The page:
In his book, Todd dispels top fitness myths that commonly separate his clients from their ultimate fitness goals. Here are a few he mentions with my take on busting those myths while supporting Todd's view.
Myth #1 - The longer my workout, the more benefits I get.
Even the longest workout should take you between 45-60 minutes. If your workout contains: tissue quality work (i.e. foam roller), mobility, explosiveness/SAQ (speed, agility & quickness), strength, metabolic conditioning & recovery/regeneration, this is all the time you'll need. Nothing more. Bottom line - work harder & smarter....NOT LONGER!!
Myth #2 - Pro athletes are the fittest people on the planet.
Don't believe this, not even for a second. You can do the same exercises as the pros do, train with the same intensity as the pros, and can excel like the pros. Even if you don't have the same body makeup or athletic ability, you can train like a pro athlete and attain great results. The way I see it, there's an athlete in all of us. It's time to 'train like an athlete'!
Myth #3 - Weight training bulks you up.
I know I've said this before and I'm sure most of you are tired of hearing me say it again. Women seem especially afraid of this, as if regular and consistent weight training will make them look like bodybuilders. Nothing could be futher from the truth. As a matter of fact, weight training can help all of you ladies change the way your body looks and performs. If you also want to prevent degenerative conditions, such as osteoporosis, you definitely need weight training. As for "bulk", that's B.S.!! Only 2 things make you "bulky" - your diet and your training method (or lack of). Unless you workout & eat like a bodybuilder (eating massive amounts of food/calories), you have nothing to worry about.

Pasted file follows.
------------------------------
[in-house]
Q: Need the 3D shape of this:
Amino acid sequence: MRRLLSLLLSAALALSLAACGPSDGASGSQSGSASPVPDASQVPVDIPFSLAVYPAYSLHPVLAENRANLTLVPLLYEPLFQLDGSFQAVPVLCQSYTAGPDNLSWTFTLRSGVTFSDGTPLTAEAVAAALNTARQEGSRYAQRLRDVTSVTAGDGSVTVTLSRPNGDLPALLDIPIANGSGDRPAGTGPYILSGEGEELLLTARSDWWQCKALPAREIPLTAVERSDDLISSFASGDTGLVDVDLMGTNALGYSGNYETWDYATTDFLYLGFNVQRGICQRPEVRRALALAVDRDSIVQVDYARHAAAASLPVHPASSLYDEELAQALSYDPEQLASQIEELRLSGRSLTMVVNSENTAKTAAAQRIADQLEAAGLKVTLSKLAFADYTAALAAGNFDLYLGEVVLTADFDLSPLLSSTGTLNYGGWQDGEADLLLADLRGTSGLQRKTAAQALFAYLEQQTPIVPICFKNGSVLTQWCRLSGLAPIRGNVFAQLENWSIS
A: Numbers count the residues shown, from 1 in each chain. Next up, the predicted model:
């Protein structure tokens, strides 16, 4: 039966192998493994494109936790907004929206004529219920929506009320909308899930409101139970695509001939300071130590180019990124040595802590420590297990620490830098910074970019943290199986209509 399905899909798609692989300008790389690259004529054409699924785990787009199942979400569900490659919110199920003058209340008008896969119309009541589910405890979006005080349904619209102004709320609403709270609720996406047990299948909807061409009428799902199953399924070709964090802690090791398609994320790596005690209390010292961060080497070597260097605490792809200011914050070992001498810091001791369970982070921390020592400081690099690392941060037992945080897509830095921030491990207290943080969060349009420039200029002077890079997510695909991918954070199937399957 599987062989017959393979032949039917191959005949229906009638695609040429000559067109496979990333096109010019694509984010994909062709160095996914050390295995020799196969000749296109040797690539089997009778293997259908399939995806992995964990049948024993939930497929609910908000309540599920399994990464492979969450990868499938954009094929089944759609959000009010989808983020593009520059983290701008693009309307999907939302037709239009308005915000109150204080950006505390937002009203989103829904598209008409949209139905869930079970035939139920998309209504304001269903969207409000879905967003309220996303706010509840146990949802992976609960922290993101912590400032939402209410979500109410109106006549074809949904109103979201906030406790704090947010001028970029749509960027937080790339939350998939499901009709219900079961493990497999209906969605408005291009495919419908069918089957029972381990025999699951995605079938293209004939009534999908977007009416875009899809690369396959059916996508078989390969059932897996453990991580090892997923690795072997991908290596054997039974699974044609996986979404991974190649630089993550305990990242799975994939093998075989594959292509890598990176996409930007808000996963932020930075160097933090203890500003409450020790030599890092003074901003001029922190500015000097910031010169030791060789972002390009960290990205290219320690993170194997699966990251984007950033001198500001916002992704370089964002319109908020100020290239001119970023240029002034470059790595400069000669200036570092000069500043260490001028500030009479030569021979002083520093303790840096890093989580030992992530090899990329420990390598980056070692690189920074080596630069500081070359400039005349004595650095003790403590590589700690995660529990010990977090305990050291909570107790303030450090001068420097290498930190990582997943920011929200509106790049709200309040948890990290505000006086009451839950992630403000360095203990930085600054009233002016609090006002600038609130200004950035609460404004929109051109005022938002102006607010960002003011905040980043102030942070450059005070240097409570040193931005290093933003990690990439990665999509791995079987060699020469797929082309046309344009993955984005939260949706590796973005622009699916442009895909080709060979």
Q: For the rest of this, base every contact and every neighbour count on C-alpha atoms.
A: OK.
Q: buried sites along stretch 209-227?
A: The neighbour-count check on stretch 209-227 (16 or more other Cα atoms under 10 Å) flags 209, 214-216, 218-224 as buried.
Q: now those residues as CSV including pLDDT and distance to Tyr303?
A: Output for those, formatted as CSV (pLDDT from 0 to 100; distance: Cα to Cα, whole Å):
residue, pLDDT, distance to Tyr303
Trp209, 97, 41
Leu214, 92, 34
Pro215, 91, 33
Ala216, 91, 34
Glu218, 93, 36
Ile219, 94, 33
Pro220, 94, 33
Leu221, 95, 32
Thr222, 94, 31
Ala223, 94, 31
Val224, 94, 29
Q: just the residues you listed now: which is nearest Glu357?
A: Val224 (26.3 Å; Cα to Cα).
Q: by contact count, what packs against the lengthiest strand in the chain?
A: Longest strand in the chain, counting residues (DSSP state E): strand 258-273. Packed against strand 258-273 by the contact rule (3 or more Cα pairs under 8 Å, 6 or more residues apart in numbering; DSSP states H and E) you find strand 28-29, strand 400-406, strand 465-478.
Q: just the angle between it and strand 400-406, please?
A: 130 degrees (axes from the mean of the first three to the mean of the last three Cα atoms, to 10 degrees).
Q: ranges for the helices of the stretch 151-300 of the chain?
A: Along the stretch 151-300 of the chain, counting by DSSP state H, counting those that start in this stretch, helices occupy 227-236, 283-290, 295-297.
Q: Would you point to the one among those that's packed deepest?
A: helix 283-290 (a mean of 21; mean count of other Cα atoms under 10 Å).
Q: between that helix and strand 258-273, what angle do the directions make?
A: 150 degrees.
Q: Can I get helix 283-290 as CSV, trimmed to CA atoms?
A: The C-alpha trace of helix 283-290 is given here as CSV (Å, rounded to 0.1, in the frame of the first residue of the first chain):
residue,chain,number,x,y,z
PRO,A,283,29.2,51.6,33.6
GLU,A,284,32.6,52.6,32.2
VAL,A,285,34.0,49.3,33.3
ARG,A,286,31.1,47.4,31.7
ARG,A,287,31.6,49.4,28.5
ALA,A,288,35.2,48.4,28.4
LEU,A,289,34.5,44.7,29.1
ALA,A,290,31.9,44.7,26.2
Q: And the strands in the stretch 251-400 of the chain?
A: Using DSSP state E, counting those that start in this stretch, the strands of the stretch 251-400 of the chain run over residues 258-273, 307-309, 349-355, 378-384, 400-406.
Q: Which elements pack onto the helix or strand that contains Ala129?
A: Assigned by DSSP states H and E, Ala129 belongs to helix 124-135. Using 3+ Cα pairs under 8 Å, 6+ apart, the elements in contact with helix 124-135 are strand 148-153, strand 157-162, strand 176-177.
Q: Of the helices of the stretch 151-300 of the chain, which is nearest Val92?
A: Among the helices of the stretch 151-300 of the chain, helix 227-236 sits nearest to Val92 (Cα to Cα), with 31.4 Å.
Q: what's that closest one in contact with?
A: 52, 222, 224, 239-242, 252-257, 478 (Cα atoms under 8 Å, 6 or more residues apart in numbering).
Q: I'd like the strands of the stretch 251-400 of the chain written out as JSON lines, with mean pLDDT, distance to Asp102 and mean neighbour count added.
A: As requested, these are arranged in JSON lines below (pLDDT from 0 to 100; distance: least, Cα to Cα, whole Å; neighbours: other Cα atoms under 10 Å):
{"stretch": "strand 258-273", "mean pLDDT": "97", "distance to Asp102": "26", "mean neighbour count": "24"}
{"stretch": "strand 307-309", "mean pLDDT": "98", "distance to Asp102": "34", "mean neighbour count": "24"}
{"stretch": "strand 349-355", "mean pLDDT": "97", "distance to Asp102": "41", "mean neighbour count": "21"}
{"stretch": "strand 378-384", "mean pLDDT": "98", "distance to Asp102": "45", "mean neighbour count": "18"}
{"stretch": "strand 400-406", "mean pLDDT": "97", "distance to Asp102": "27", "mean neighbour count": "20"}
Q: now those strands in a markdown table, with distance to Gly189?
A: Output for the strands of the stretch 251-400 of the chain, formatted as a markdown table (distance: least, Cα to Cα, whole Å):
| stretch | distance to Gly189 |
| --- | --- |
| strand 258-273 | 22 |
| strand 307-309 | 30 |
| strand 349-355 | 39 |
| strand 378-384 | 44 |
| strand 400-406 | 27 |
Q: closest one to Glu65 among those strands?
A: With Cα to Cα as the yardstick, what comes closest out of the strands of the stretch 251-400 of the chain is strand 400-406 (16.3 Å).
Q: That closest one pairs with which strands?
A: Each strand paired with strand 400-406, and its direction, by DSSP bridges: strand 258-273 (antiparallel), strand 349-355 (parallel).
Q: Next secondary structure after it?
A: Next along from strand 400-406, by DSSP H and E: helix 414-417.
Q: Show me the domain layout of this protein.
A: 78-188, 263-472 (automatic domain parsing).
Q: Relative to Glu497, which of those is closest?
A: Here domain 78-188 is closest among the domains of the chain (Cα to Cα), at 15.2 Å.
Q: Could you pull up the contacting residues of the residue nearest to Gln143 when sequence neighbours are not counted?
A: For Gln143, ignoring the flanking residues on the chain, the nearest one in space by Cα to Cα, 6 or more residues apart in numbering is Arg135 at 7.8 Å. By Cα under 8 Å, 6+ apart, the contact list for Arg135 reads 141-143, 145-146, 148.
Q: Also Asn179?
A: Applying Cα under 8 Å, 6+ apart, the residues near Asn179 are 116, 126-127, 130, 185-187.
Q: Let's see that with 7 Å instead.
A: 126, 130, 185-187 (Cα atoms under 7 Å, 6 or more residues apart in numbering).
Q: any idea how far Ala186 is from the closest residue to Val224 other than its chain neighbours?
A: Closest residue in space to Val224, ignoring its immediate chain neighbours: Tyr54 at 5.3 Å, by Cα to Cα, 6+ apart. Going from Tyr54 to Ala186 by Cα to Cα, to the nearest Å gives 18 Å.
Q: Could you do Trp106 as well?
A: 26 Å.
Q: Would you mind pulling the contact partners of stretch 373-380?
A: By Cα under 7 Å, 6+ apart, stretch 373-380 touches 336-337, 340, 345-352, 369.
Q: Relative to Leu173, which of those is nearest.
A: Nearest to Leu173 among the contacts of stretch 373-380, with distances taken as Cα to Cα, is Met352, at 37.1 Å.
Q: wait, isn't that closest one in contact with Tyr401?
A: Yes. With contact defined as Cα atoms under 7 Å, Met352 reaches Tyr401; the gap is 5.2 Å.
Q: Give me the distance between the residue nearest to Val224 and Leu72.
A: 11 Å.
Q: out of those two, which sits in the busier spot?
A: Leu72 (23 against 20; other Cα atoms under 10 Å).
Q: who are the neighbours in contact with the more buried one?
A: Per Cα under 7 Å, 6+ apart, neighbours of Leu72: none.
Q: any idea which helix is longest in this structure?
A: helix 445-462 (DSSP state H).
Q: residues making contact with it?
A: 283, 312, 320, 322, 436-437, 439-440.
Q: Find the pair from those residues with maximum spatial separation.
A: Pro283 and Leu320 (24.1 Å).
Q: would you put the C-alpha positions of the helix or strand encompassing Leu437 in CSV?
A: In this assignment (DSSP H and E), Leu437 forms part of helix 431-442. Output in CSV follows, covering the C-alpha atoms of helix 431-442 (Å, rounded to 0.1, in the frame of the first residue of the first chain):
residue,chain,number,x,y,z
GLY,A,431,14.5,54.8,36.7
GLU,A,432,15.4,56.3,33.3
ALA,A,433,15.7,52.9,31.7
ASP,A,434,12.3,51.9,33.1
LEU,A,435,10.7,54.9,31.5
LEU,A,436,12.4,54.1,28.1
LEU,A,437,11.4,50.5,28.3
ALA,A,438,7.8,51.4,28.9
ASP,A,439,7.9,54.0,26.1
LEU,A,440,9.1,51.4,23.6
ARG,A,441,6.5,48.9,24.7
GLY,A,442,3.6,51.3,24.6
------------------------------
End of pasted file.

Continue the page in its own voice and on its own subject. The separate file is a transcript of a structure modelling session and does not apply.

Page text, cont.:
Myth #4 - If I'm not sore or in pain, I'm not working out hard enough.
Many people think if their muscles don’t hurt, they’re not having a quality workout. This is way off base. While resistance training can be intense, and some level of discomfort may occur, pain is not required for a successful workout. It’s also important to note that pain can be a warning sign of an exhausted muscle or torn ligament. Instead of soreness, judge the quality of your workouts by using heart rate monitors (to calculate your target heart rates during exercise), and how your body responds after your workout. Ask yourself questions like - How do I feel? Relaxed? Less stressed? Are my energy levels high? Low? Use these factors and more rather than just how sore you are.
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